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The national average price of diesel dropped 1.3 cents a gallon to $2.422, the Energy Information Administration reported Sept. 14. Diesel costs 56.5 cents a gallon less than it did a year ago after the second straight weekly drop.

The average price for trucking’s main fuel fell in all 10 regions in EIA’s survey.

The national average price of a gallon of gasoline, meanwhile, fell 2.8 cents a gallon to $2.183.

The Central Atlantic, Lower Atlantic and Midwest saw the deepest drop in diesel price at 1.3 cents per gallon. In the Central Atlantic region, the price dropped to $2.676. There, diesel is 50.1 cents less expensive than in 2019.


What are fleets doing to help attract the best possible diesel technicians to join the changing workforce environment? Host Michael Freeze speaks with Ken Boyer, dean of the Auto/Diesel Institute at Baker College, and Ralph Romero, vice president of talent management at U.S. Xpress. Hear a snippet, above, and get the full program by going to RoadSigns.TTNews.com.

In the Lower Atlantic, a gallon now costs $2.357, and diesel sells for 51.7 cents less than it did at this time in 2019.

Diesel in the Midwest now costs $2.308, and it costs 57.4 cents less per gallon than it did a year ago.

The smallest drop was in New England, where the price dipped seven-tenths of a cent to $2.605. Diesel there is 40.8 cents less expensive than in 2019.

The most expensive diesel remains in California, where the price declined nine-tenths of a cent to $3.267 a gallon. The fuel there is 63.4 cents a gallon less expensive than 2019.

Diesel in the Gulf Coast remains the least expensive, sliding 1.2 cents to $2.172. In that region, the cost is 58.9 cents cheaper than it was a year ago.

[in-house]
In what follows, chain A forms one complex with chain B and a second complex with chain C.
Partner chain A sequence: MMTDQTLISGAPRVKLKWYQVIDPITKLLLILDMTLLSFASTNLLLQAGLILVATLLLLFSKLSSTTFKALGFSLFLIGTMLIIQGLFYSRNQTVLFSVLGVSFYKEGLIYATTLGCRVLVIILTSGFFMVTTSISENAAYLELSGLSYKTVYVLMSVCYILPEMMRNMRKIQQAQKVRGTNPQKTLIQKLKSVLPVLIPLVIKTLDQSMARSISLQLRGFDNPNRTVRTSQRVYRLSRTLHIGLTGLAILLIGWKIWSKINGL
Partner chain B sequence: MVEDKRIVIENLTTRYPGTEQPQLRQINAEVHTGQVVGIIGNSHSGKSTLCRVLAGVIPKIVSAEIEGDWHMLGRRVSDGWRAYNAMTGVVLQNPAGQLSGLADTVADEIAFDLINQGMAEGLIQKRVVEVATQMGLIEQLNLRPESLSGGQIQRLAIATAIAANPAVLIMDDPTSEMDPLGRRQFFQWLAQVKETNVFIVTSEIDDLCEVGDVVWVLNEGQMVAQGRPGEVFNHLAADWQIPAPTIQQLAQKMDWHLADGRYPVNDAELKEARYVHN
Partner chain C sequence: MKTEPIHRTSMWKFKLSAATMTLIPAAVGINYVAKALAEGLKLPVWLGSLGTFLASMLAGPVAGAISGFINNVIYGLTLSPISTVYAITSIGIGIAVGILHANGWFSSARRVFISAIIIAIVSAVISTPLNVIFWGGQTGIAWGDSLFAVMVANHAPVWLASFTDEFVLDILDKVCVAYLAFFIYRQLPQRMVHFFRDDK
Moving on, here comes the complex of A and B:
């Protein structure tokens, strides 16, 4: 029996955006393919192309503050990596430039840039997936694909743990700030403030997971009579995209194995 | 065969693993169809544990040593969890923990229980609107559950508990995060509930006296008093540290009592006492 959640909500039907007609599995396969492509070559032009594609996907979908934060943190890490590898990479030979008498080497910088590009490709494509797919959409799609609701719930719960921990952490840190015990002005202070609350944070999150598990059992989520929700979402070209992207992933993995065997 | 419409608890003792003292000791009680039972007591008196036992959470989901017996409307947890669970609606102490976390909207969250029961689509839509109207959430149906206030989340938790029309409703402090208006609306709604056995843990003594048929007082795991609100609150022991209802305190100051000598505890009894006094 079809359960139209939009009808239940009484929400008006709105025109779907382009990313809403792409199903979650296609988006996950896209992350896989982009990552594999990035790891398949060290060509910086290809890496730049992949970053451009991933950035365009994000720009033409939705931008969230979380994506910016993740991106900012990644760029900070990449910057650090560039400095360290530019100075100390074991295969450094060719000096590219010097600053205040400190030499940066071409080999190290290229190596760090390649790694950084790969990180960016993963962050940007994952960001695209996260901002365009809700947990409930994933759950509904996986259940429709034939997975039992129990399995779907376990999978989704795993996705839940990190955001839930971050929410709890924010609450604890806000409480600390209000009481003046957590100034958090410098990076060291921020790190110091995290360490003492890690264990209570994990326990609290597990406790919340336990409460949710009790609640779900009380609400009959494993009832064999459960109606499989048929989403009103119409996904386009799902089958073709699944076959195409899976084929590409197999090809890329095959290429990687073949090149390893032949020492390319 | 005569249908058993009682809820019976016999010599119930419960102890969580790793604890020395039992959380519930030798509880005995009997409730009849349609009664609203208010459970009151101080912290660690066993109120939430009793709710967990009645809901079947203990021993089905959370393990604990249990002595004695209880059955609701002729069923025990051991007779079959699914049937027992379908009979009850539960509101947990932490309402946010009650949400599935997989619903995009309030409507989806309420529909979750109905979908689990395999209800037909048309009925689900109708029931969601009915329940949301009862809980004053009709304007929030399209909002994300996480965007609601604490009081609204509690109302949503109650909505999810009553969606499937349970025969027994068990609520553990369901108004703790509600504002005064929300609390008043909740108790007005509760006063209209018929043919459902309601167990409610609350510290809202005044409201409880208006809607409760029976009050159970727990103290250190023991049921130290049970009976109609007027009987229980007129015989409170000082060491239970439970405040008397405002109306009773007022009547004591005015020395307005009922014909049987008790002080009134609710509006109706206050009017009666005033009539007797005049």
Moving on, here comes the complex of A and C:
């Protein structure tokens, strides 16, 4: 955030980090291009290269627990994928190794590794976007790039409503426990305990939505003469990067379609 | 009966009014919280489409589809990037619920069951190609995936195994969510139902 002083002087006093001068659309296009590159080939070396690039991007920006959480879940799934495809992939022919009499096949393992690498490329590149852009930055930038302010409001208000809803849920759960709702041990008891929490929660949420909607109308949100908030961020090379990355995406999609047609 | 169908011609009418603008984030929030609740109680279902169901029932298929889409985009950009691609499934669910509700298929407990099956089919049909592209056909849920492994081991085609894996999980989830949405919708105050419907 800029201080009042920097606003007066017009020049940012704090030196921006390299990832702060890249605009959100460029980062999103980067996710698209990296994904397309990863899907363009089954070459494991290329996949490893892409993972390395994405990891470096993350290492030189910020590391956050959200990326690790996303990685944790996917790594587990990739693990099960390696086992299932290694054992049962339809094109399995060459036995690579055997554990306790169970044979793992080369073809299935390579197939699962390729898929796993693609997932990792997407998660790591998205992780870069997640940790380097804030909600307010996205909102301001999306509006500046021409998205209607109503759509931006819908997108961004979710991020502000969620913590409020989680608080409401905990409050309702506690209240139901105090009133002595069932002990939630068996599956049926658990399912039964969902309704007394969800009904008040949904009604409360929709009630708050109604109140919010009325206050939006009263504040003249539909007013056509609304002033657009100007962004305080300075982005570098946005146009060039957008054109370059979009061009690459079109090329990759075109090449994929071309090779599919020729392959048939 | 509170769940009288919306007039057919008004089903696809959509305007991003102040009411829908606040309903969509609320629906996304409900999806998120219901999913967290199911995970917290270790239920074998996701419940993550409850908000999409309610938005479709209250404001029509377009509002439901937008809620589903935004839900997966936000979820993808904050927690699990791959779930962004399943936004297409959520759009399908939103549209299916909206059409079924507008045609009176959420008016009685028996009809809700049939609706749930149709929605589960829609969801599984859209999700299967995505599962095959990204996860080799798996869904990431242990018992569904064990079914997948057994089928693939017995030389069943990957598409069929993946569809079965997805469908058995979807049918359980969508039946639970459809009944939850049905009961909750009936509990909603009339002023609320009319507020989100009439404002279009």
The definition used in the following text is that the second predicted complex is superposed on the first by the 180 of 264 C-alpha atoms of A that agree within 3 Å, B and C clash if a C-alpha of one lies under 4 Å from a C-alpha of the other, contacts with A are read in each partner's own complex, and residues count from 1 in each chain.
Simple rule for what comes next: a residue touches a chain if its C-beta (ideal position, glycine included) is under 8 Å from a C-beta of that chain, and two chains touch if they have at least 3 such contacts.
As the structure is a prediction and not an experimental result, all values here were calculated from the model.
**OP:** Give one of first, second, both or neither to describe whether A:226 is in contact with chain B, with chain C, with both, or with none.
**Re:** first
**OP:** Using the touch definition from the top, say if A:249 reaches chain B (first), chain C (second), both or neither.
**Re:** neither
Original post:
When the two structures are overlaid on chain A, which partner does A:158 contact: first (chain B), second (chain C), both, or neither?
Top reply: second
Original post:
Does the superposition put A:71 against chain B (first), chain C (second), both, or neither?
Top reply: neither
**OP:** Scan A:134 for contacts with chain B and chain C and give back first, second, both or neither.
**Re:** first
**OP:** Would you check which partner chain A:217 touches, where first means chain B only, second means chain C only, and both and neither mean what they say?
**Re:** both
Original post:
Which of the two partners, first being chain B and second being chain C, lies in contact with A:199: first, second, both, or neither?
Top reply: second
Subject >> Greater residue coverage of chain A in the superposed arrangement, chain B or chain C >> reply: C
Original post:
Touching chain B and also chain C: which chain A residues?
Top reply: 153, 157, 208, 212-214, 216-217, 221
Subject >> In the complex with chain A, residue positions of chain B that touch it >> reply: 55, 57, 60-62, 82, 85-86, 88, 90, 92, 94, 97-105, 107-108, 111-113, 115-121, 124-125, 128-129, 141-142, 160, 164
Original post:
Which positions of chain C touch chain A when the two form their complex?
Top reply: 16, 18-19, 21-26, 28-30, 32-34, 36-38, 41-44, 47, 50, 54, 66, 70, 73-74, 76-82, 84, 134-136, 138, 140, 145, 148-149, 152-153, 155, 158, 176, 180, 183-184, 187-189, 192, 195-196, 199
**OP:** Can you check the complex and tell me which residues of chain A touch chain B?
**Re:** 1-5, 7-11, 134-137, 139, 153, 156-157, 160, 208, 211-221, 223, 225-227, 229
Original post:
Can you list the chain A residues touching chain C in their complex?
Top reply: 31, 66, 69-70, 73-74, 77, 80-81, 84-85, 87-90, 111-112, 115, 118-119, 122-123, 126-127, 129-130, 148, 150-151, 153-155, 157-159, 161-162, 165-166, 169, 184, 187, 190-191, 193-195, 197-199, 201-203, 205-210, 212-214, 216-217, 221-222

The Gulf Coast boasts the lowest price for gasoline and oil in part because it is home to much of the country’s oil and gasoline production and a large share of the refining capacity. However, that region again is facing the threat of damage from severe weather: Hurricane Sally, a Category 2 storm, is churning in the Gulf of Mexico south of New Orleans.

For the second time in less than a month, oil industry employees who work in the region have had to evacuate. Sally temporarily shut down 25% of the natural gas production as of Sept. 14, according to the federal Bureau of Safety and Environmental Enforcement. The bureau said workers had returned to shore from 147 production platforms, which represent 23% of the 643 platforms that operate in the Gulf.

Meanwhile, West Texas Intermediate Crude, the industry’s benchmark fuel, fell to $37.26 a gallon on the New York Mercantile Exchange on Sept. 14. That’s down more than $2 a barrel from WTI’s high just a week ago when crude was trending more than $40 a barrel. The drop in price is being attributed to a lack of demand for diesel and gasoline now that the summer driving season is over.

Also, millions of Americans still are working from home because of the COVID-19 pandemic and have substantially cut down on daily driving.

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